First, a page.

Alternatively, the electrical connector 50 can be reduced to male conductive pins or terminals connected directly to the electrical terminals inside sleeve 12. A plug on a power cord supplying electrical power from the external power supply could be received and retained in connector receptacle 32 and mated with the conductive pins connected to the electrical terminals to form an electrical connection between the heating element and the external power source.
A quick-release retaining member 60 retains sleeve 12 within bore 20. FIG. 3. shows an illustrated embodiment of retaining member as a spring clip 61 comprising a pair of legs 62 and a retaining arm 64. Legs 62 are generally arcuate and are defined by a first end 66 and a second end 68. First end 66 of each leg 62 terminates in a guide 70 that extends outwards from the arcuate form of legs 62. A gap 71 separates legs 62 at first end 66. Legs 62 extend from a center portion 72 that connects to each leg at second end 68. Arm 64 extends from center portion 72 in a manner that generally places arm 64 generally perpendicular to the plane in which legs 62 reside. Extending from center portion 72, legs 62 define a general circular central region 74 therebetween, which opens into gap 71. Legs 62 are provided with a smooth inside surface 63.
Arm 64 comprises a curved extension 76, a body 78, a retaining lip 80 and a release tab 82. Curved extension 76 interconnects body 78 of arm 64 with a top portion 84 of center portion 72, orientating body 78 generally perpendicular to legs 62. Curved extension 76 arises from top portion 84 of center portion 72 to increase the overall length of arm 64, thereby reducing a spring force generated by arm 64 when attaching or releasing the arm to engine block 24 as to be further described herein. Curved extension 76 connects with retaining lip 80 by body 78. Retaining lip 80 is a curved tight-radius portion of arm 64 that curves towards legs 62 to provide a retaining surface 86 designed to engage embossment 28 on engine block 24. Tab 82 connects to lip 80 to terminate arm 64 in a direction opposite to retaining surface 86 formed by lip 80.
In an unbiased state, central region 74 possesses a radial diameter smaller than the radial diameter of sleeve 12 or cap 30. Guides 70 serve as lead-ins to guide sleeve 12 or cap 30 through gap 71. Because the diameter of sleeve 12 or cap 30 is greater than the diameter central region 74, the insertion of sleeve 12 into circular region 74 biases legs 64, increasing the distance of gap 71 and the diameter of central region 74 to receive sleeve 12. Biased legs 64 frictionally engage the exterior walls 14 of sleeve 12 to retain heater 10 within central region 74. However, the smooth inside surface 63 of legs 62 permits the rotation of sleeve 12 between legs 62 without release therefrom upon application of sufficient force to overcome the frictional basis imparted by the legs. The rotatability of sleeve 12 within retaining member 60 permits connector receptacle 32 to be orientated in any direction, providing flexibility in the placement of electrical connector 50 about engine block 24 within the tight confines of the vehicle's engine compartment.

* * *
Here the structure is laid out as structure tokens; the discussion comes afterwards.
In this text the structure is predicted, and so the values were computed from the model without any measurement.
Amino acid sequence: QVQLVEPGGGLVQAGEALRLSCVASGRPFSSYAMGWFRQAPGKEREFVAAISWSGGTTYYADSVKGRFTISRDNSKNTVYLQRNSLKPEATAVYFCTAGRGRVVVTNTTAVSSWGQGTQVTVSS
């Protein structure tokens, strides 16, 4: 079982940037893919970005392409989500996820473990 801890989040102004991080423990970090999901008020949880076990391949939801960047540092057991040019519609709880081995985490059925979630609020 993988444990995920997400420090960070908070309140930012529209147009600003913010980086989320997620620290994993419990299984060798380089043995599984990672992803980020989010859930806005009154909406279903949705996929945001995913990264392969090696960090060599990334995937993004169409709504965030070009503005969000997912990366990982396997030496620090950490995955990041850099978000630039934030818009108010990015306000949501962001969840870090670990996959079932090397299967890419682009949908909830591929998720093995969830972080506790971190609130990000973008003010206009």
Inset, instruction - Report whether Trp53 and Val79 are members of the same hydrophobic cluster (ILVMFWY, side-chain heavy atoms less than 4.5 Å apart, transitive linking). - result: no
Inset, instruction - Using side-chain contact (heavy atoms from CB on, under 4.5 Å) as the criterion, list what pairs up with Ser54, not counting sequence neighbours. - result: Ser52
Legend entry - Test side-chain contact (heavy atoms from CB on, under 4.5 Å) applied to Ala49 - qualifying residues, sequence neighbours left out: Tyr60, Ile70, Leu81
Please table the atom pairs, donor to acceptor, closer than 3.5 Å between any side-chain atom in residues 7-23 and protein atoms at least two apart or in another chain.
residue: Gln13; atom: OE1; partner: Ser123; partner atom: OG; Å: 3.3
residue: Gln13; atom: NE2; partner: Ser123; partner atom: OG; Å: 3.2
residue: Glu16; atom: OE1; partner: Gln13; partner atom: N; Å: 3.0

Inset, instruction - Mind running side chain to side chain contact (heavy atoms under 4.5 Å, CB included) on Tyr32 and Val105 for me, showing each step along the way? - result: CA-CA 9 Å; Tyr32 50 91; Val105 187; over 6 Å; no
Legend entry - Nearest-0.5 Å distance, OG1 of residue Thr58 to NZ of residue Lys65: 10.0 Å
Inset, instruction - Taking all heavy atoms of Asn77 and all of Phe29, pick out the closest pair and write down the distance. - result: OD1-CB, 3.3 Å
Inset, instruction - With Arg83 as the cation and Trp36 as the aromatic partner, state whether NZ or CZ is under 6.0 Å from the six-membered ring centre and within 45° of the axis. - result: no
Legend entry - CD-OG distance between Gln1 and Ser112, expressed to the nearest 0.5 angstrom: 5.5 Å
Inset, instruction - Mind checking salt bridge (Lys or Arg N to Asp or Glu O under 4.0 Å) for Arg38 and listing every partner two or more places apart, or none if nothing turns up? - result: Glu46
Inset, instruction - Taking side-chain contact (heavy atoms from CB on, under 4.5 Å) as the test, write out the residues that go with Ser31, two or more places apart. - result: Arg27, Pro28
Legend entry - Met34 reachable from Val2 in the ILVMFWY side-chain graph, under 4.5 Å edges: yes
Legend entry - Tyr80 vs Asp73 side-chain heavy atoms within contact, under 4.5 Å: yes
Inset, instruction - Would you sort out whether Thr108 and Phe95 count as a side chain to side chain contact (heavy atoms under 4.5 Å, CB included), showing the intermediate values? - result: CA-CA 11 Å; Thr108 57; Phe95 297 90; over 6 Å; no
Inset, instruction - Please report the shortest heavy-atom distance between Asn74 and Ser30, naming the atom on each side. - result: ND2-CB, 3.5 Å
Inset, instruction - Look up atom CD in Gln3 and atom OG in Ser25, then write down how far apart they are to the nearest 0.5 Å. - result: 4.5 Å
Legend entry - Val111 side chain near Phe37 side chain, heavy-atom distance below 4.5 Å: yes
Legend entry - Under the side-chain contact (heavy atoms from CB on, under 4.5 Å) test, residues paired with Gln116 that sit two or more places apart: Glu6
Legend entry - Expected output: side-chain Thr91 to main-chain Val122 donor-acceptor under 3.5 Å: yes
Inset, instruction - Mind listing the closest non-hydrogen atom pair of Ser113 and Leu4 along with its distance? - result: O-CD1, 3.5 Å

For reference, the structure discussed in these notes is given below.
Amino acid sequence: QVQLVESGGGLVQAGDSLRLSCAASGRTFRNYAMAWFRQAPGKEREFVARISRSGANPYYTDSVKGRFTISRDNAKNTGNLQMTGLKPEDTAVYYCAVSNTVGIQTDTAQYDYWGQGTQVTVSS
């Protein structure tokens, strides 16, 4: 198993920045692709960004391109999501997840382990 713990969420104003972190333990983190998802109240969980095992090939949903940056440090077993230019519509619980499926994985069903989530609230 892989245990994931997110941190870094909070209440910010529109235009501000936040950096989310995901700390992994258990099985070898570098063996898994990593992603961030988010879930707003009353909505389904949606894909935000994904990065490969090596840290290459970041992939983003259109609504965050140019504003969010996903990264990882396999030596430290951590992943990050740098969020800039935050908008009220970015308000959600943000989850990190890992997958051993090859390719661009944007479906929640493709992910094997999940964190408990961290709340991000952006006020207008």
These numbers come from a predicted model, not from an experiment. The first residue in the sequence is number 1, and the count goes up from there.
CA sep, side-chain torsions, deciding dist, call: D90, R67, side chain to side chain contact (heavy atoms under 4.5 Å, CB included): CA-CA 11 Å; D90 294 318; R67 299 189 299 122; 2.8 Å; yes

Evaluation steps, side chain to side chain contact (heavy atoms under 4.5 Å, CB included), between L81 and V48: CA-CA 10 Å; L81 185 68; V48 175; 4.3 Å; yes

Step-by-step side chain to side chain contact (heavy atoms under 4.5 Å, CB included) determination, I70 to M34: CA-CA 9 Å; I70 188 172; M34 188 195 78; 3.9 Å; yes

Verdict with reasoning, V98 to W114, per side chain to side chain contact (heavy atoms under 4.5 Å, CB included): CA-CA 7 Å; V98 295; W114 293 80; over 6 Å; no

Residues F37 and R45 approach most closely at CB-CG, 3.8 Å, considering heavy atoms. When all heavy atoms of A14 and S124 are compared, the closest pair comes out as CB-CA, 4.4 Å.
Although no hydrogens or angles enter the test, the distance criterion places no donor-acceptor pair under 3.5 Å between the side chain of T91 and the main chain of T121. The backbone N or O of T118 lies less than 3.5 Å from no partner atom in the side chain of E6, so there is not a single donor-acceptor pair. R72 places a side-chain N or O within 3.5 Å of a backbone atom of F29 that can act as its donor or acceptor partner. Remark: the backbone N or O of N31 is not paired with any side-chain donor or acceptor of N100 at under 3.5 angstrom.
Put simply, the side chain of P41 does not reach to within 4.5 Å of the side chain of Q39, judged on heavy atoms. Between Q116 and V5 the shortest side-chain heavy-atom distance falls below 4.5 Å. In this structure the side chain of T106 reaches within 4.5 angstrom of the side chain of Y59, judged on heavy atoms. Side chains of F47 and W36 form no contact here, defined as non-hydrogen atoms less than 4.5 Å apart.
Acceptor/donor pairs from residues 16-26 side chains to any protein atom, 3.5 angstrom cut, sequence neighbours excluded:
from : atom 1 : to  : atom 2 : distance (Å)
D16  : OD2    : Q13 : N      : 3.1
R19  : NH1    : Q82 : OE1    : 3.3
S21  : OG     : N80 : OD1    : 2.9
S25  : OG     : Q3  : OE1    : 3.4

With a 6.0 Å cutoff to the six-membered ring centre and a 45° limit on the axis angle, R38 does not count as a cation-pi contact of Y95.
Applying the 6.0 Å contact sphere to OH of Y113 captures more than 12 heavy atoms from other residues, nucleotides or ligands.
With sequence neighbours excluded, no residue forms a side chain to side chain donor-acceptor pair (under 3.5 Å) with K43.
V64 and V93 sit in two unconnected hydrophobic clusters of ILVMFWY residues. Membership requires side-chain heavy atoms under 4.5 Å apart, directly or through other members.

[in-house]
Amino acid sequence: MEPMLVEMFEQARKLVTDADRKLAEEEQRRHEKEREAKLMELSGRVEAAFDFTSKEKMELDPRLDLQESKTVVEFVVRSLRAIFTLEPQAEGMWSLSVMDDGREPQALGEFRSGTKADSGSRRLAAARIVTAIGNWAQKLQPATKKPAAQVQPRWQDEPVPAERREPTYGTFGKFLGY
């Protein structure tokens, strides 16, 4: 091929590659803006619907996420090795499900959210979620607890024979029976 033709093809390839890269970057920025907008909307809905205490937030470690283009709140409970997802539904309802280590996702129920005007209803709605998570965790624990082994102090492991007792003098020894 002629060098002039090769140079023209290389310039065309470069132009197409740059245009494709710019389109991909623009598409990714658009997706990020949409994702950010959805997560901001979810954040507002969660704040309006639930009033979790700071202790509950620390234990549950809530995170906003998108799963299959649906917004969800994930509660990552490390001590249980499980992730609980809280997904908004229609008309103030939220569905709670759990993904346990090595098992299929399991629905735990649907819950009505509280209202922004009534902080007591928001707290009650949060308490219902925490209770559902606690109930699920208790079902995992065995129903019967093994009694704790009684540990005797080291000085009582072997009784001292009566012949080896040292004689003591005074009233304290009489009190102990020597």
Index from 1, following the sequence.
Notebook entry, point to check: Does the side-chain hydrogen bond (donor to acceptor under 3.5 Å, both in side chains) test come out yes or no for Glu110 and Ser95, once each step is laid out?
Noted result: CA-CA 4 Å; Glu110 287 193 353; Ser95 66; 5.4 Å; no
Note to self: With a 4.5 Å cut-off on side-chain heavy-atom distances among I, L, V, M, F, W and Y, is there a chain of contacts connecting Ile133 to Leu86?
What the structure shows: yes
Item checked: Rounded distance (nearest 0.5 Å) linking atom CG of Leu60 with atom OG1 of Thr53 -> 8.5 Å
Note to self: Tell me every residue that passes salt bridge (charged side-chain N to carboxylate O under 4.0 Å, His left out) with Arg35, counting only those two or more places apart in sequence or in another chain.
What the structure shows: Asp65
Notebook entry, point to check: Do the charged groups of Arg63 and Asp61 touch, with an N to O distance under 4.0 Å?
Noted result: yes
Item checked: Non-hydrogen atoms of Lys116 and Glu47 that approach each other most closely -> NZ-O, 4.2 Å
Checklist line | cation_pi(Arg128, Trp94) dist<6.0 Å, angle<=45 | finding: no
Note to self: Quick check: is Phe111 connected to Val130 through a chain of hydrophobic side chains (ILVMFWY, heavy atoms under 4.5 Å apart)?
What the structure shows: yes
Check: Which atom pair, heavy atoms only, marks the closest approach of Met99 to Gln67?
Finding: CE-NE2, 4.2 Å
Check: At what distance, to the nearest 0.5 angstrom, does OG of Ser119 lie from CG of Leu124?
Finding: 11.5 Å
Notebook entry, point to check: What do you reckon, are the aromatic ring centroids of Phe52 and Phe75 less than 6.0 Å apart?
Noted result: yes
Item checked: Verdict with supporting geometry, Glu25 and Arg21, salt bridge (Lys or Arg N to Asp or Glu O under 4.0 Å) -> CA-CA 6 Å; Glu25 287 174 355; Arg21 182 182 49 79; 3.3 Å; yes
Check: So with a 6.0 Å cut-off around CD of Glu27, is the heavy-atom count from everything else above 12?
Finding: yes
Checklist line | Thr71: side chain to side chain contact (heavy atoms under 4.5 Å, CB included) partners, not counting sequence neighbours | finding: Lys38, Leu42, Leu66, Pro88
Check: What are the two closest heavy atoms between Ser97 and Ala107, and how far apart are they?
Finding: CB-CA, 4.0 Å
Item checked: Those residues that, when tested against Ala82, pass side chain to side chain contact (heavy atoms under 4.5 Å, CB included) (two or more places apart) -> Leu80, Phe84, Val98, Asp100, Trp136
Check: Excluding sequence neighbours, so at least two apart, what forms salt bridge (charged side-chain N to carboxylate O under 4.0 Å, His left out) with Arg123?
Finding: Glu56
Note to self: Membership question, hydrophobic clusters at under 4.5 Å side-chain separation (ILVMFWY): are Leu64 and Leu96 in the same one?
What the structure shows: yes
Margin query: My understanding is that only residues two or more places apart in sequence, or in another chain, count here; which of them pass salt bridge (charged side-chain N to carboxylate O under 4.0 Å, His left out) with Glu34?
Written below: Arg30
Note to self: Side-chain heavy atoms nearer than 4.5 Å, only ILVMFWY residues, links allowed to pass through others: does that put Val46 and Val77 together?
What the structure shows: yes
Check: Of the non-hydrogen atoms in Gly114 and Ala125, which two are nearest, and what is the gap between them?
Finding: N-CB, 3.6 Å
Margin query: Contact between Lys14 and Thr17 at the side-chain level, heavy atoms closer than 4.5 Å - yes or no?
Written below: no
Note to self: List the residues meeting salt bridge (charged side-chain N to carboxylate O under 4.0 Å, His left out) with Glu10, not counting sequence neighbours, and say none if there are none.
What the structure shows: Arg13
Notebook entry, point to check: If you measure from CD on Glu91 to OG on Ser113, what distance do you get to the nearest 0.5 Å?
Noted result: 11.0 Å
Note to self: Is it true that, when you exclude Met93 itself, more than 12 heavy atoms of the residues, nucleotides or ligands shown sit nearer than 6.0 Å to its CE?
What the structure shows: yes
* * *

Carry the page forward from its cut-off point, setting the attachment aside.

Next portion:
As an example of an alternative embodiment, FIGS. 6 and 7 show retaining member 60 as an interconnecting band 90. As with spring clip 61, band 90 comprises a pair of legs 62 and a retaining arm 64. Although structurally similar to clip 61, legs 62 interconnect. To accomplish the interconnection, one first end 66 of one leg 62 terminates in an integrally formed hook 92. The other leg 62 provides a notch 94 pressed through a portion of the width of the leg to receive hook 92. Upon insertion of the sleeve between legs 62, legs 62 frictionally engage and wrap around the exterior walls 14 of sleeve 12 to retain heater 10. Thereupon, hook 92 is received into notch 94 to interconnect legs 62 about the circumference of sleeve 12 or cap 30. This interconnection effectively locks the legs into a loose frictional engagement about the circumference of sleeve 12. Alternatively, band 90 could also be designed with legs 62 integrally formed with interconnecting ends. Such a band 90 would be permanently attached about the circumference of sleeve 12 and would coupled to the sleeve during the manufacturing process either by molding band 90 about the sleeve or securing legs 62 at the interconnecting ends with a spot weld or other fastening method known in the art. Regardless of whether the leg interconnection is permanent or releasable, the interconnection of legs 62 prevents the accidental disengagement of retaining member 60 from the heater and undesirable spinning of the heater within the bore during engine operation. Additionally, because legs 62 are in a loose frictional engagement about the circumference of the sleeve, sleeve 12 is rotatable between the legs upon application of sufficient force to overcome surface contact friction between legs 62 and the surface of sleeve 12. The rotation of sleeve 12 relative to band 90 permits connector receptacle 32 associated with sleeve 12 to be orientated in any direction, providing flexibility in the placement of electrical connector 50 about engine block 24 within the confines the vehicle's engine compartment.